An online petition calling for the Saudi Arabian government to end the country’s oppressive guardianship system has drawn thousands of signatures, The Guardian reports. Under Saudi law, women must obtain the permission of a male relative before traveling, marrying, leaving prison, and, in some cases, accepting employment and accessing healthcare.
Thus far, some 14,700 people have signed the petition. There has been increasing resistance to the guardianship system in Saudi Arabia over the past few years, and the movement was galvanized this summer, when Human Rights Watch released a damning report on the institution.
According to activist Aziza Al-Yousef, a number of clerics have lent their support to the petition, suggesting that they do not believe the guardianship system is rooted in Islamic law. “They all declared that this is not religion, this is all government rules and it should be changed,” Yousef said.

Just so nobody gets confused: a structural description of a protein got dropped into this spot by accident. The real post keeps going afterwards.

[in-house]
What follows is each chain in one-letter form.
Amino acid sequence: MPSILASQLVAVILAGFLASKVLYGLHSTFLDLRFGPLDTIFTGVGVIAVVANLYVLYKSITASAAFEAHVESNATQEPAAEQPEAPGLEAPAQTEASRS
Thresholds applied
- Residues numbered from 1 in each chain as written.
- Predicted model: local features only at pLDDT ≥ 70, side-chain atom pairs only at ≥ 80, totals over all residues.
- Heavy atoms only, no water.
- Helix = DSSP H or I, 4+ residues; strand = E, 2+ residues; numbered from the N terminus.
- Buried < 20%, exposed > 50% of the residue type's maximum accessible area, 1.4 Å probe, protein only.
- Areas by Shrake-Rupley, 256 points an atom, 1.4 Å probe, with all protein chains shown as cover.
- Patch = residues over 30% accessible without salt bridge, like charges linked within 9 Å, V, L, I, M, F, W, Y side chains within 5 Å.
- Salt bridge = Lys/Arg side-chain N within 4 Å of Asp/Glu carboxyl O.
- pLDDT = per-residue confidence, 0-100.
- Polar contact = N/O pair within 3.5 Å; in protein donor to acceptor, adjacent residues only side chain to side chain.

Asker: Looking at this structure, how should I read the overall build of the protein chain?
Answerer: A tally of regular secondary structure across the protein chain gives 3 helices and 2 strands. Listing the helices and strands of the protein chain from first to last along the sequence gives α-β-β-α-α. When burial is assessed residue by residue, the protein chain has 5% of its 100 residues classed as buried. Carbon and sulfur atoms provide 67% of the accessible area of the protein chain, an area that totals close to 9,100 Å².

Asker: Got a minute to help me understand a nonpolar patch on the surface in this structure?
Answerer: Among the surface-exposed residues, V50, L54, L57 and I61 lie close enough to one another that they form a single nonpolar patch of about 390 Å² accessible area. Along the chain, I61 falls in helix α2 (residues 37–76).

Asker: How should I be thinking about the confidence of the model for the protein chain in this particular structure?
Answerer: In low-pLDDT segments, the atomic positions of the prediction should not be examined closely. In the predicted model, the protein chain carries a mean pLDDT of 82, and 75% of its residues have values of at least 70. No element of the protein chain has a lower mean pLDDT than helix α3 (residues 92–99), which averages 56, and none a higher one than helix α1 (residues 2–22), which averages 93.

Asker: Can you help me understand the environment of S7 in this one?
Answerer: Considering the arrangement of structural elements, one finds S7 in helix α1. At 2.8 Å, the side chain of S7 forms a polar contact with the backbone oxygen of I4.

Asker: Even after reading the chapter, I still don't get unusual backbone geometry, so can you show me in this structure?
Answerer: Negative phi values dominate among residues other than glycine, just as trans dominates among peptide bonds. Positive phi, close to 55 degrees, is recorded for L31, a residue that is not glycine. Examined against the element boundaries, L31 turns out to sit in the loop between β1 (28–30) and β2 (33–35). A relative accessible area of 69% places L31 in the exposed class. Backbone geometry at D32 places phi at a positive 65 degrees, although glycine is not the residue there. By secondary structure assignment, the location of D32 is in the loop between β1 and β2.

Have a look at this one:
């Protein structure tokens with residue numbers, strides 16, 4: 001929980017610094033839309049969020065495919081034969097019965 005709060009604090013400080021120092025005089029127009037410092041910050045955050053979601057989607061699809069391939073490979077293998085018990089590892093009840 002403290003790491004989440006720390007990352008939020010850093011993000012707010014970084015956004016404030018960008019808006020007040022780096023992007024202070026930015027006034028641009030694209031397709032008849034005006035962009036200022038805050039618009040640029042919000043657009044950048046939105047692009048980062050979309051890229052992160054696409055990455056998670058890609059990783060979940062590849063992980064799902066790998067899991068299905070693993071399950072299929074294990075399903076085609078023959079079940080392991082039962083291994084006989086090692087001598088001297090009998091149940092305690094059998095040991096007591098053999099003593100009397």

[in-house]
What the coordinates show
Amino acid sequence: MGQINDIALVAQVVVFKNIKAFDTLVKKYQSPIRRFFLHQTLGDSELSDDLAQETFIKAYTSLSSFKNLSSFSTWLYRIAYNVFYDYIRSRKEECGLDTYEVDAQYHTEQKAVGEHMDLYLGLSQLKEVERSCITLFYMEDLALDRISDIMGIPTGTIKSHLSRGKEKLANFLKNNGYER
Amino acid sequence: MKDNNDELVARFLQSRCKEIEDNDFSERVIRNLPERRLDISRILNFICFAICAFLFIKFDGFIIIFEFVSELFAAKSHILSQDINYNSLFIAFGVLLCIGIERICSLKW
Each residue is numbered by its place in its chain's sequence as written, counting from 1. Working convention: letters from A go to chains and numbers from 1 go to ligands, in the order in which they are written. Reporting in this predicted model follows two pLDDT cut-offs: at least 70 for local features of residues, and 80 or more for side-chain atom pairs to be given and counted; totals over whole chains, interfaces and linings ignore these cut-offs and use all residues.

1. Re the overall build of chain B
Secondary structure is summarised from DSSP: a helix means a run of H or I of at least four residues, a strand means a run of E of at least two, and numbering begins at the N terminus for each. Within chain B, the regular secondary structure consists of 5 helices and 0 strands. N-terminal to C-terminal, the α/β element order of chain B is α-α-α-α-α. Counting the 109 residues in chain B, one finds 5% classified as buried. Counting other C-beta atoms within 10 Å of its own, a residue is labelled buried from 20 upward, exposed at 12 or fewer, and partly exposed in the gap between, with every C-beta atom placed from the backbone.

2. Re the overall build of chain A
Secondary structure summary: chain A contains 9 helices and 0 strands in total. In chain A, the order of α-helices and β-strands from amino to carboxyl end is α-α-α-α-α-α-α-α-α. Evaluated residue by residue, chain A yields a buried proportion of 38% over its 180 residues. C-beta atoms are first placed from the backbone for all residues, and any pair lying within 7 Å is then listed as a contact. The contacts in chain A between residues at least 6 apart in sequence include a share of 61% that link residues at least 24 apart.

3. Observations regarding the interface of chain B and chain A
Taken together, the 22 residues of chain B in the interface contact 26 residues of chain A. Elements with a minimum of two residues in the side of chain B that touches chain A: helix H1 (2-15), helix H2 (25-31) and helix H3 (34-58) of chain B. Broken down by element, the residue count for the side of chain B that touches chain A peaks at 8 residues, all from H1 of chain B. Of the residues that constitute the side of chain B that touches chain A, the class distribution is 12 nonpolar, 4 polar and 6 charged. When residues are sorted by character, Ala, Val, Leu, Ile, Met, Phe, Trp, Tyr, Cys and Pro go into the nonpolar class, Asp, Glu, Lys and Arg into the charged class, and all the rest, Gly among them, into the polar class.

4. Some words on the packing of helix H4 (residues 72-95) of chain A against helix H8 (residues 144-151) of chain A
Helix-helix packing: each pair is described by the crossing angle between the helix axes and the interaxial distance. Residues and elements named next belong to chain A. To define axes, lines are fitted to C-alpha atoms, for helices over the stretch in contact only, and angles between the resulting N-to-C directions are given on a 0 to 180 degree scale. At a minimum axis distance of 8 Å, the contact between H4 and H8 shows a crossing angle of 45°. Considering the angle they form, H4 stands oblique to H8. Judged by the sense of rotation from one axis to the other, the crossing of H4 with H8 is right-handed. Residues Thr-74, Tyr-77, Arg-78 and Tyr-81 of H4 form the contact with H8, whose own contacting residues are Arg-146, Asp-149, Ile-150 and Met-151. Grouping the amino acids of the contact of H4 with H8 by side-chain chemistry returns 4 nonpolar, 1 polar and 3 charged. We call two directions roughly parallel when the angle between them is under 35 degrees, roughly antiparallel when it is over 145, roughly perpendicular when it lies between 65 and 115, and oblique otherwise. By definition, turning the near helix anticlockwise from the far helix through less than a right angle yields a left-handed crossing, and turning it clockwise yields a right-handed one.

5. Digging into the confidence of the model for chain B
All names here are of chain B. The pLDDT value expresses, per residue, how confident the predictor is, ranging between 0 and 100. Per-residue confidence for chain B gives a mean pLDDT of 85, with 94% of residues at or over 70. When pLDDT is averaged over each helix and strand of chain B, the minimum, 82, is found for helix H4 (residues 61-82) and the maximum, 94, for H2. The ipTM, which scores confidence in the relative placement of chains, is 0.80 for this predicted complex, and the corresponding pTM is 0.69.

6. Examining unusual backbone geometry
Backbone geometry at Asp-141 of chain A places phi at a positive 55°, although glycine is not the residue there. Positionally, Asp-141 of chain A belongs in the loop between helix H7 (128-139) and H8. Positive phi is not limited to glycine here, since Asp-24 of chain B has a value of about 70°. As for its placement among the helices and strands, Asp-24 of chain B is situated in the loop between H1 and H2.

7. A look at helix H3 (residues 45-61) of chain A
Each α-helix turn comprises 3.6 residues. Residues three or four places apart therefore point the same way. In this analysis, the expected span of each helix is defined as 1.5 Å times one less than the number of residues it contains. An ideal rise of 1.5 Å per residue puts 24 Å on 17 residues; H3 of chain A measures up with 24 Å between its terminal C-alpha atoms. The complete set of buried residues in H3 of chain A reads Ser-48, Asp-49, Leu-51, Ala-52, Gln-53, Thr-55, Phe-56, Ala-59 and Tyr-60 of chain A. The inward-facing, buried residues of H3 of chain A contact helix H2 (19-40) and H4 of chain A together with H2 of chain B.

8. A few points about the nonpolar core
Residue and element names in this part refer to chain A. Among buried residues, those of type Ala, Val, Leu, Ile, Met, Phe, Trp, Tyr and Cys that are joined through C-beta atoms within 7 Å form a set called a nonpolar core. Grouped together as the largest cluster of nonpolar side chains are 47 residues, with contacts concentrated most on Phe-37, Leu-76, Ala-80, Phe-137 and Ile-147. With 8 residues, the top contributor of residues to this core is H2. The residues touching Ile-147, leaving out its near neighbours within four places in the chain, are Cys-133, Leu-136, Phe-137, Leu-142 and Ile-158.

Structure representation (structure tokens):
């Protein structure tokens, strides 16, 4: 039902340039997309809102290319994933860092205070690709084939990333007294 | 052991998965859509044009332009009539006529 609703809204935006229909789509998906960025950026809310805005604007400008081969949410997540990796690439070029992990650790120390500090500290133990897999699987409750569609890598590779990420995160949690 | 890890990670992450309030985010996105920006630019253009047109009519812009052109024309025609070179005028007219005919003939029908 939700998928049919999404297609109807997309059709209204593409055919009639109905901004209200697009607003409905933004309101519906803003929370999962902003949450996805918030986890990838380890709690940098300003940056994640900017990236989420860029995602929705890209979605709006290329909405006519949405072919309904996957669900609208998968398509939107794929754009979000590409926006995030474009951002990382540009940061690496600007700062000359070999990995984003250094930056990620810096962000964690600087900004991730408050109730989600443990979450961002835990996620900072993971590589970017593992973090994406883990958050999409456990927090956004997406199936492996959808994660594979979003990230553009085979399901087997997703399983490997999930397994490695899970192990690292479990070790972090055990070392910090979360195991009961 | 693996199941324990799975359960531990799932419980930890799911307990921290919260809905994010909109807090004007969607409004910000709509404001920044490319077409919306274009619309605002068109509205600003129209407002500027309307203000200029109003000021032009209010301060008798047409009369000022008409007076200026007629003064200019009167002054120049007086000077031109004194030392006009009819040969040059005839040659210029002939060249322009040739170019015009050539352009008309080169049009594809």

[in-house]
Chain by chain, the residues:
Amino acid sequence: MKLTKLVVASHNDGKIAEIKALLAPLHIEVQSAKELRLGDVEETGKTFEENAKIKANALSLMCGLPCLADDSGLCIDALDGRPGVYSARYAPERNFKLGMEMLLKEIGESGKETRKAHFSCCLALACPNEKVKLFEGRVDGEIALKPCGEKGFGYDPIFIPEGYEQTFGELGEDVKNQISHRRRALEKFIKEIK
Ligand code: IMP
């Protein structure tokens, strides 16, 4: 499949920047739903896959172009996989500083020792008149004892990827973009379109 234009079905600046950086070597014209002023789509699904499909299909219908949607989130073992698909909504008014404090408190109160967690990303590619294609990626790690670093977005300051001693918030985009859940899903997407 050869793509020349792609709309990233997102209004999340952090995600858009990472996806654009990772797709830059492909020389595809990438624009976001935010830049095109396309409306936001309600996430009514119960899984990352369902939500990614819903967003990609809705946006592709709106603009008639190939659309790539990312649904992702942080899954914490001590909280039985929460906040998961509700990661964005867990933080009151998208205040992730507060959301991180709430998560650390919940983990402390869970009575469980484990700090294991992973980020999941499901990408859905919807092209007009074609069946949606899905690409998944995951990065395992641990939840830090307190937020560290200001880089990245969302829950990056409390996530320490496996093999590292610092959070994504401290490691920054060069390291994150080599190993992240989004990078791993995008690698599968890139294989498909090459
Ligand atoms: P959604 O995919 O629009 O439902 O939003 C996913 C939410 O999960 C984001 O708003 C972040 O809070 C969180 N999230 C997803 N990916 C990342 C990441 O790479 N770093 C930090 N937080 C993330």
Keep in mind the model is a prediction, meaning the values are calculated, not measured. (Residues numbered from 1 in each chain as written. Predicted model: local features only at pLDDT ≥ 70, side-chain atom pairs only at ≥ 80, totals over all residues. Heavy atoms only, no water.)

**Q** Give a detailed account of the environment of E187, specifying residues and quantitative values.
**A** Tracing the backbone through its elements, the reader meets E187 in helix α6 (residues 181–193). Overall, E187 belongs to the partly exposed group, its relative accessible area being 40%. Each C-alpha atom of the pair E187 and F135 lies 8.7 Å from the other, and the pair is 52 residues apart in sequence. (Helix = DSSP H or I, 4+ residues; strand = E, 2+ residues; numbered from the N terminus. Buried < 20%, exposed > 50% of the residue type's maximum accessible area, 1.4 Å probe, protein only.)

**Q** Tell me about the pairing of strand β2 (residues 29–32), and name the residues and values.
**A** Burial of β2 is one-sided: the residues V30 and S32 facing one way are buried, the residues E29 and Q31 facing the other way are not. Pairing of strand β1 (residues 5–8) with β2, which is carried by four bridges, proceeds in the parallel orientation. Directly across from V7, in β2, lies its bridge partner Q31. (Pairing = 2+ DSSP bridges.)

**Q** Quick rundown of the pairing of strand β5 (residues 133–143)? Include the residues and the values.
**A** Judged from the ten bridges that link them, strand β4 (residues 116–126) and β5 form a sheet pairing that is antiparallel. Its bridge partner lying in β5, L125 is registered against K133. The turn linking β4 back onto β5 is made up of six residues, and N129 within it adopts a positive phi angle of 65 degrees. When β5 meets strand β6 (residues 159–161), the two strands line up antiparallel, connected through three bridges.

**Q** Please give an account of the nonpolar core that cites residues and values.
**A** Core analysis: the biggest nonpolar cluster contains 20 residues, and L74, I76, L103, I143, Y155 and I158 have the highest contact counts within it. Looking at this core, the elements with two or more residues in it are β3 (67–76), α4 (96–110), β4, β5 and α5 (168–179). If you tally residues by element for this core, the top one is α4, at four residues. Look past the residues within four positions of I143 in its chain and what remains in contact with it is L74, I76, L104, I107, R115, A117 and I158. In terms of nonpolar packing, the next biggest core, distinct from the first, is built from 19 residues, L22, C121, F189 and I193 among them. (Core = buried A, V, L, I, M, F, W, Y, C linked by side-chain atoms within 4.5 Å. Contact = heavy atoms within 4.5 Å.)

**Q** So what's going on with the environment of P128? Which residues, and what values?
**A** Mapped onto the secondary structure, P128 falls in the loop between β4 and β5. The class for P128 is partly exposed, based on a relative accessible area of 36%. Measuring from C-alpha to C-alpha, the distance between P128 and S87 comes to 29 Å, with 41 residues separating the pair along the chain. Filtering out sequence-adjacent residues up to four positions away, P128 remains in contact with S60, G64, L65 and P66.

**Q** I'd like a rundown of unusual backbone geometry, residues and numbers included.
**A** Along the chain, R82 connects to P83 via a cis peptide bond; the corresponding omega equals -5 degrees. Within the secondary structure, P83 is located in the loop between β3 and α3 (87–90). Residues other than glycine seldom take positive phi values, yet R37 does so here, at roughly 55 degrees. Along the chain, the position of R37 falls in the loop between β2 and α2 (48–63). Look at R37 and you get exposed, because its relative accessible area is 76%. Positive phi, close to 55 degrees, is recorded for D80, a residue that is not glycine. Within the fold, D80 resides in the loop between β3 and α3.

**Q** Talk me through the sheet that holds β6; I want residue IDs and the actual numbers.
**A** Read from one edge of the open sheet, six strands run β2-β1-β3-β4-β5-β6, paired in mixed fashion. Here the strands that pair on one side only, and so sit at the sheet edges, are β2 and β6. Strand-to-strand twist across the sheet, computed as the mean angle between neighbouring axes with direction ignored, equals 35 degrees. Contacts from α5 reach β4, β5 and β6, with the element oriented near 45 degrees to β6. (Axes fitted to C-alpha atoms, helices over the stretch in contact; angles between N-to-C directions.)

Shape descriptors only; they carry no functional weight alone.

Hamid M. Khan, deputy director of The Rule of Law Collaborative at the University of South Carolina, told The Guardian that Saudi Arabia’s royal family is also receptive to reform. Earlier this year, the Saudi government released a plan to reduce the country’s dependency on oil by 2030, which would in turn require more women to enter the workforce. The guardianship system, which restricts women’s ability to work, is counterproductive to that goal.
Khan added, however, that the royal family cannot act without approval from senior clerics, who tend to be resistant to change.
Read the full story at The Guardian.